WILTON, Conn. -- Wilton gathered Friday in front of the town's fire department to remember the five town residents and others who lost their lives in the September 2001 terrorist attacks.
"It's mornings like these that we together remember the stark reality of that day," Wilton Fire Department Lt. Jim Blanchfield said at the ceremony. "We choose to assemble here to honor and remember those that didn't come home that night. They are not just memories, they are our friends and neighbors. They are moms and dads. They are sons and daughters. They are our brothers and sisters."
Wilton residents Edward Fergus, Peter C. Fry, John Henwood, John F. Iskyan and Edward P. York died in the attacks.
About 100 people gathered in front of Wilton Fire Department headquarters for the Friday event, held on the 14th anniversary of the attacks.
First Selectman Bill Brennan said the country was deeply affected and remains so to this day.
"Today is the 14th time we have paused to remember and reflect on that cowardly act that shook our nation to the very core," Brennan said. "Because of the horrible memories these services are always difficult for every American but especially difficult for the families of over 3,000 innocent souls who lost their lives on that awful day."
He said the attack didn't break the country and, instead, united it.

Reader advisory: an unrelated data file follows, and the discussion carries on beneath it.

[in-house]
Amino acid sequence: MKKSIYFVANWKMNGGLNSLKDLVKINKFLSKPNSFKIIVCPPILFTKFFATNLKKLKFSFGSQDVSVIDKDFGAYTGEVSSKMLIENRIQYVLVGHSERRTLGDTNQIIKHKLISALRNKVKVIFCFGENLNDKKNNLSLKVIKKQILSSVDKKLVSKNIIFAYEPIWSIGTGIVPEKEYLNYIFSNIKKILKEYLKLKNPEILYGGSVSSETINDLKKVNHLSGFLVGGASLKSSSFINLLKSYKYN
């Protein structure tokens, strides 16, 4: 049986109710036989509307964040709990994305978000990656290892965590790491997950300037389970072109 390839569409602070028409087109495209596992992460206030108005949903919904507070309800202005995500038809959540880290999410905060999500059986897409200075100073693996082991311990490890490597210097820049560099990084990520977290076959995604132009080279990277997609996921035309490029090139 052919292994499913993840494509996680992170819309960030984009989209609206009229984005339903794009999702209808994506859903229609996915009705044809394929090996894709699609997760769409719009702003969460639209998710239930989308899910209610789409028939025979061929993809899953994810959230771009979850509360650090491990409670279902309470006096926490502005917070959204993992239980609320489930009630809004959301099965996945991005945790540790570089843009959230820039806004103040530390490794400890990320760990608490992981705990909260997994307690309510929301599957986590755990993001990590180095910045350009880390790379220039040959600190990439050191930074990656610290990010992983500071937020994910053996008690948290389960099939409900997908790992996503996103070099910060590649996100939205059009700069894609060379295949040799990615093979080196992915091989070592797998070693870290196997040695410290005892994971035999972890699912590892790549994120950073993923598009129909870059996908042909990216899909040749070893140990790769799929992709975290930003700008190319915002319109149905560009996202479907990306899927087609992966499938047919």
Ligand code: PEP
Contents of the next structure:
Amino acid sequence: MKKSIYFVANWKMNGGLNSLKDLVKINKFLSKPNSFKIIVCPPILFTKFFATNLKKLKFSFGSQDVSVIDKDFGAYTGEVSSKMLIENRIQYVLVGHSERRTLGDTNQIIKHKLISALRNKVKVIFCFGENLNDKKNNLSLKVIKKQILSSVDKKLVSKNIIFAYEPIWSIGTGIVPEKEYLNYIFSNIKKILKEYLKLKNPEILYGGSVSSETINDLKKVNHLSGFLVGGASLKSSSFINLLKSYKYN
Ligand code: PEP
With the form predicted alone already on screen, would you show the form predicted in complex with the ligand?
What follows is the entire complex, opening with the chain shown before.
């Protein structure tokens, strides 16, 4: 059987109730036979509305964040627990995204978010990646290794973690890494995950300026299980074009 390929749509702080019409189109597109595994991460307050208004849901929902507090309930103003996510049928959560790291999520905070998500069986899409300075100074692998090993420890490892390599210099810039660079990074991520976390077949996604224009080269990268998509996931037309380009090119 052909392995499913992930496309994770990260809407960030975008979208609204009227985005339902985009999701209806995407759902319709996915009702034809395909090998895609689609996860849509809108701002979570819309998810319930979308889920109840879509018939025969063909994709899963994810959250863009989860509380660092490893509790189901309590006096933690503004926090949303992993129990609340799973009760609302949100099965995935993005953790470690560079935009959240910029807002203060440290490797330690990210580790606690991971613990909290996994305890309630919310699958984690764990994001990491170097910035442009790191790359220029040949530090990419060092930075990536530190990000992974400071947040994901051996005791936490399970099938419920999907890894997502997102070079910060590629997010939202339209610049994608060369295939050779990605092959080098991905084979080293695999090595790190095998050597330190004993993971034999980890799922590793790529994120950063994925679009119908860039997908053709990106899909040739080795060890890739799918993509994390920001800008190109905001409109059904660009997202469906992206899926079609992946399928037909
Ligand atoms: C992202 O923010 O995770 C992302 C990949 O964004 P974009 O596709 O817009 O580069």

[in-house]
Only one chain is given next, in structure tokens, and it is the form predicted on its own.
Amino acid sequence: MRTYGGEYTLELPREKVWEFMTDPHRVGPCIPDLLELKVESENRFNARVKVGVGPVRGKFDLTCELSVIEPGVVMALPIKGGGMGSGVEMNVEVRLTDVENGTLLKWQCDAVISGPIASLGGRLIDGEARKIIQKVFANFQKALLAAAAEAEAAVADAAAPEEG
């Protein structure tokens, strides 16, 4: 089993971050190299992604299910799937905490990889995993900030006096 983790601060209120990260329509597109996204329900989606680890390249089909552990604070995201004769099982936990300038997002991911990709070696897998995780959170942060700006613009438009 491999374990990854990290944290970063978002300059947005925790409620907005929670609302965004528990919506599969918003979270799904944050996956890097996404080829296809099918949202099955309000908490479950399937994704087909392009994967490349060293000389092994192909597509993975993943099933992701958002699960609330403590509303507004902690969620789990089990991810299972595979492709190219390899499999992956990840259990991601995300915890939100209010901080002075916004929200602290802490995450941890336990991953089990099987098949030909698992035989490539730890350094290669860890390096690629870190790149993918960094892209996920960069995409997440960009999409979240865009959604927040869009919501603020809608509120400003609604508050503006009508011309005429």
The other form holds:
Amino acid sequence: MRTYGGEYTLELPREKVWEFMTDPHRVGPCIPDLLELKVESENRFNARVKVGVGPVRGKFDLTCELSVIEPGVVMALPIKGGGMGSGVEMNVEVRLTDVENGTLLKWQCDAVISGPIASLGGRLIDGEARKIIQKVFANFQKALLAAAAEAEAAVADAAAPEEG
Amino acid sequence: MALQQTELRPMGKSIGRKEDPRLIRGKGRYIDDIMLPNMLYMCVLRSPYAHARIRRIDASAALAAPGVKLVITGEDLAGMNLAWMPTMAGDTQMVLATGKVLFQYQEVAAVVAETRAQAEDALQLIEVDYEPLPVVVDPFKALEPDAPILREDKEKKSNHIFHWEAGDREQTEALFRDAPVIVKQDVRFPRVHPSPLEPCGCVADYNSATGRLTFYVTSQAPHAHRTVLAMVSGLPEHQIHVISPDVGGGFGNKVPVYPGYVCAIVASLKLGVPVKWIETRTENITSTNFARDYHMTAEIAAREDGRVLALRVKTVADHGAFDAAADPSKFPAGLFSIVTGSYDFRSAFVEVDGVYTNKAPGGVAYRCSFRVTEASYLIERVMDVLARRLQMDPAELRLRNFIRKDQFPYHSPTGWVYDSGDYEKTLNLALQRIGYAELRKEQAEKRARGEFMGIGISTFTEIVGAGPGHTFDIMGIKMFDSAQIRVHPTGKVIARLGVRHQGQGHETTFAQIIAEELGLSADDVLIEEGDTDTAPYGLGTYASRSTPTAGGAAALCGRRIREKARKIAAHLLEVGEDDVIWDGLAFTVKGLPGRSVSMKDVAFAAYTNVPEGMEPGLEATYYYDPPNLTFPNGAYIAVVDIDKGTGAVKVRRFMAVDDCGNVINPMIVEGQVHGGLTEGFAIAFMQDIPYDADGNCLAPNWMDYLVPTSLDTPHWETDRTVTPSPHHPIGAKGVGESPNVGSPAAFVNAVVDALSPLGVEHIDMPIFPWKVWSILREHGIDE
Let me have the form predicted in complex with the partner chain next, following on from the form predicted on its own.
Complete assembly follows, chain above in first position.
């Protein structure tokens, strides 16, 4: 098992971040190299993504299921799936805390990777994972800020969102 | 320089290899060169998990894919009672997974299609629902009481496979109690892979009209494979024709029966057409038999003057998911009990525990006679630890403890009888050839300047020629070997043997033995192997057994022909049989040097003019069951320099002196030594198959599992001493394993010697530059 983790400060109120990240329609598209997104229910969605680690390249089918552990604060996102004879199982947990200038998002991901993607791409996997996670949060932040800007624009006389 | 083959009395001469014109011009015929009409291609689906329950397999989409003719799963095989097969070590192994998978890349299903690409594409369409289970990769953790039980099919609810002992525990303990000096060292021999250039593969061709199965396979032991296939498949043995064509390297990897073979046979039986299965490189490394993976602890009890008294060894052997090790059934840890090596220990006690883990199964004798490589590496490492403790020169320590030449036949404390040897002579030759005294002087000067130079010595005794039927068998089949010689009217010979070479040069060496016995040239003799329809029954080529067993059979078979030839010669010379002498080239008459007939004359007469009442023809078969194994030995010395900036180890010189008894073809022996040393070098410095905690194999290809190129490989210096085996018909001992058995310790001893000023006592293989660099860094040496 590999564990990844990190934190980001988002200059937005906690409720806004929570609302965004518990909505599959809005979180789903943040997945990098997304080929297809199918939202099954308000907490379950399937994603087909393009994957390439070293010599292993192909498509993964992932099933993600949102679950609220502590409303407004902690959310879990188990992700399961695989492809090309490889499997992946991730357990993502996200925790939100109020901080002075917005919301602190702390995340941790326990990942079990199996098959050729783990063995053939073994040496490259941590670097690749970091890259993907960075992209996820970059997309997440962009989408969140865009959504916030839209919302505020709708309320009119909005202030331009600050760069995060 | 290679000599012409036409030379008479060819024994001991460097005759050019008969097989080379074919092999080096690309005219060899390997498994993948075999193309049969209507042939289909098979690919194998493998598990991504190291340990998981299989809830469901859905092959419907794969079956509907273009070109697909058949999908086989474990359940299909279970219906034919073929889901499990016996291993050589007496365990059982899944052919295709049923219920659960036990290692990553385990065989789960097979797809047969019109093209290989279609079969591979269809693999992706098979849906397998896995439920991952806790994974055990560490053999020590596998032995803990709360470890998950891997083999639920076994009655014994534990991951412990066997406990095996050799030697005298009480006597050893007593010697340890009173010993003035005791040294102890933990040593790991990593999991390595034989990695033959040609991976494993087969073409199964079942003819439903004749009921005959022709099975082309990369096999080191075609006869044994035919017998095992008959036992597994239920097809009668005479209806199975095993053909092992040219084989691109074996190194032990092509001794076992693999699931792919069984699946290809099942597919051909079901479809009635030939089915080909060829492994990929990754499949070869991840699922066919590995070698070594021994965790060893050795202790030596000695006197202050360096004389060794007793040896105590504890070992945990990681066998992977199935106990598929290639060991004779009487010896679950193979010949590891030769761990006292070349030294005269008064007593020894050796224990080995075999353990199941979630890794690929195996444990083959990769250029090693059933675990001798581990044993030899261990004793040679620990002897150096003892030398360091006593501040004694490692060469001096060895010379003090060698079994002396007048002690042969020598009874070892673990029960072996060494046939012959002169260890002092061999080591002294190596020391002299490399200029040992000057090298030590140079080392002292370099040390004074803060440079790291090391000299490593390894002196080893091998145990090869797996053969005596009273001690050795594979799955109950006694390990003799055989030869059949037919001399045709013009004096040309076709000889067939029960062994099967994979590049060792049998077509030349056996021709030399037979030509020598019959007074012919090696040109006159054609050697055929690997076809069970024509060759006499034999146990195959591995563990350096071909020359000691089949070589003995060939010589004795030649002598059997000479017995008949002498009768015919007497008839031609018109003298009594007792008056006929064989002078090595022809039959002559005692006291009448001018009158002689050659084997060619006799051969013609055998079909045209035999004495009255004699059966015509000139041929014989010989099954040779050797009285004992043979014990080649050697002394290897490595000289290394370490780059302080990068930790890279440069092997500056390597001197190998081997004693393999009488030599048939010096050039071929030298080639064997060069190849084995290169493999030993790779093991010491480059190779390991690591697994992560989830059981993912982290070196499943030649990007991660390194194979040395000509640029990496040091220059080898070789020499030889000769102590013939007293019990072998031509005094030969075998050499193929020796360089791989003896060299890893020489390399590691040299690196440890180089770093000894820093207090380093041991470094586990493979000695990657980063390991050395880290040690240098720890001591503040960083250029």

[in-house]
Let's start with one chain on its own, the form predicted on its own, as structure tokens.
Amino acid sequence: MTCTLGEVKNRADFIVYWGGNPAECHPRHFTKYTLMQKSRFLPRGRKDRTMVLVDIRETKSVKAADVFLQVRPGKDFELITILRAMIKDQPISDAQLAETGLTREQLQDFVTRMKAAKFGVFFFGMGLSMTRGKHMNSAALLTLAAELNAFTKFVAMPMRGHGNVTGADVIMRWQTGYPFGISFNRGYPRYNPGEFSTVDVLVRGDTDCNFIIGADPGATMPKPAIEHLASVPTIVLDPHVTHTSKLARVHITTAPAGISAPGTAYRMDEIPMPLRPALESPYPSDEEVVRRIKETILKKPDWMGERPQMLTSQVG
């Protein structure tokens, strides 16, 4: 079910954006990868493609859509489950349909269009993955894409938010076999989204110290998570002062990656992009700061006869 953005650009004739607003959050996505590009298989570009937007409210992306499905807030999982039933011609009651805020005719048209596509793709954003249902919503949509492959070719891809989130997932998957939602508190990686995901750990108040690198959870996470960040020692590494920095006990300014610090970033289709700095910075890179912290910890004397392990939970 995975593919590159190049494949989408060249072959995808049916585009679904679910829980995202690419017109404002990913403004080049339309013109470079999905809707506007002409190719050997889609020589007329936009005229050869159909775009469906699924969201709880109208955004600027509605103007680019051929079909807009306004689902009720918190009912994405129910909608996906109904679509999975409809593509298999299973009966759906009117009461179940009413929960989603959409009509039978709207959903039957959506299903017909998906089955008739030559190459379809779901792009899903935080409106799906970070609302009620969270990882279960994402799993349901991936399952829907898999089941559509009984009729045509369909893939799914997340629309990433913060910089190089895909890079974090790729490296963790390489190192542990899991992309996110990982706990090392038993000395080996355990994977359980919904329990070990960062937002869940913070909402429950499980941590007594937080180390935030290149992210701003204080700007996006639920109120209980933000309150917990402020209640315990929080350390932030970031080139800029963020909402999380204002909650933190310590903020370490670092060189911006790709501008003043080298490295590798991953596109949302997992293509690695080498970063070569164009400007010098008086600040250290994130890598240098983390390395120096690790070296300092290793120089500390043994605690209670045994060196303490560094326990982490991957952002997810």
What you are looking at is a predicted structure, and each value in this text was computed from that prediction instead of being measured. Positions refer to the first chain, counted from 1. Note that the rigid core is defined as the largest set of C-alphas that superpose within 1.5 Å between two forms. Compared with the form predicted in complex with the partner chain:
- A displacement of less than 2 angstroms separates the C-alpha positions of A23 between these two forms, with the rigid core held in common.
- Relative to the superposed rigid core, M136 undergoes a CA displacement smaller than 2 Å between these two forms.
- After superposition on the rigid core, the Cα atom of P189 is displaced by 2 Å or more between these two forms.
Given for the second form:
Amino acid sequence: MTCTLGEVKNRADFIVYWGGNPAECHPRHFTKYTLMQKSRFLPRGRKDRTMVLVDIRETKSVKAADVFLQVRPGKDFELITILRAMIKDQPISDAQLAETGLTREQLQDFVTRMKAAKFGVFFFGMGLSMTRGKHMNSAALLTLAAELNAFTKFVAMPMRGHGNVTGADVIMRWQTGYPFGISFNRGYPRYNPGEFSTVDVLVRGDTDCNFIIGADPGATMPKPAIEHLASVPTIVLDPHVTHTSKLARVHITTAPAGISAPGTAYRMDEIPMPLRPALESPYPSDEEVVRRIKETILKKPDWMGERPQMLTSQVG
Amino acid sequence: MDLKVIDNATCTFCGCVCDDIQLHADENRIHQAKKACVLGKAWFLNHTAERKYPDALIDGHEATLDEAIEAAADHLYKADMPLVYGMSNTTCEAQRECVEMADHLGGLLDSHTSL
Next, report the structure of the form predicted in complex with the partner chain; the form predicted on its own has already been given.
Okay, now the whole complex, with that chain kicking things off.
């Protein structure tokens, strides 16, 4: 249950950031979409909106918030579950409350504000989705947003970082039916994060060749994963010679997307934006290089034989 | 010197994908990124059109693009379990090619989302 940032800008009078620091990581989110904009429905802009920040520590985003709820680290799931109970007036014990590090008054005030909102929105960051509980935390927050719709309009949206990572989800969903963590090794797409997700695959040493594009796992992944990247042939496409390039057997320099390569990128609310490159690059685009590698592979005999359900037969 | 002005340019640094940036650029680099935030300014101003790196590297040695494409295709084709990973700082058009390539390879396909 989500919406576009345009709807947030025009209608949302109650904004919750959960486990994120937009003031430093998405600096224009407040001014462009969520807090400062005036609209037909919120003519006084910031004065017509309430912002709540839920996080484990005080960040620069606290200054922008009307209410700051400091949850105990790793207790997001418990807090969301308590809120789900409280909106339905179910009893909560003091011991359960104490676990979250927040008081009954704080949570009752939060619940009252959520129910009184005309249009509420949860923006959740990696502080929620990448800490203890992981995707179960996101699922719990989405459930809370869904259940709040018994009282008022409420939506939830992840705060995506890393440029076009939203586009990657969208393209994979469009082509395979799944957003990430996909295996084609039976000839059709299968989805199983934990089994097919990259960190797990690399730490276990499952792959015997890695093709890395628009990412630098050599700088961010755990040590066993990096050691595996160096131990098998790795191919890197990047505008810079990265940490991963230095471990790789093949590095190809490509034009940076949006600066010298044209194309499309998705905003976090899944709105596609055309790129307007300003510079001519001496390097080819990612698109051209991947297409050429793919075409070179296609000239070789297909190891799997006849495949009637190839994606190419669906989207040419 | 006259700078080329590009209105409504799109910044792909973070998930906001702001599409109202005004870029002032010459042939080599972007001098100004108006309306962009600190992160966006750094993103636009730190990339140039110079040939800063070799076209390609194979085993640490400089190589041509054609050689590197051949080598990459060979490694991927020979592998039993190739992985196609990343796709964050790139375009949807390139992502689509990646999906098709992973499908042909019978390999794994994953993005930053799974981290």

"This attack did not bend or defeat us. Indeed our nation was awakened and strengthened and has pursued the criminals that were responsible for this cowardly act," he said as he warned that the country must remain vigilant and strong against new threats.
Wilton resident Sandy Mumbach had a unique viewpoint on the day. Her husband, Peter, was working on the 55th floor of 30 Rockefeller Center and their two sons, Matthew, a firefighter with the Fire Department of New York, and Jason, a volunteer firefighter in Trumbull, both responded to the devastation on Sept. 11, 2001.
Schoolchildren will learn of the events second hand by studying it, she said. It is up to those who witnessed it and lived through it to keep the story alive.
"I think it is important for those of us who did live it to remember out loud, to share the experience of that terrible day," Mumbach said.
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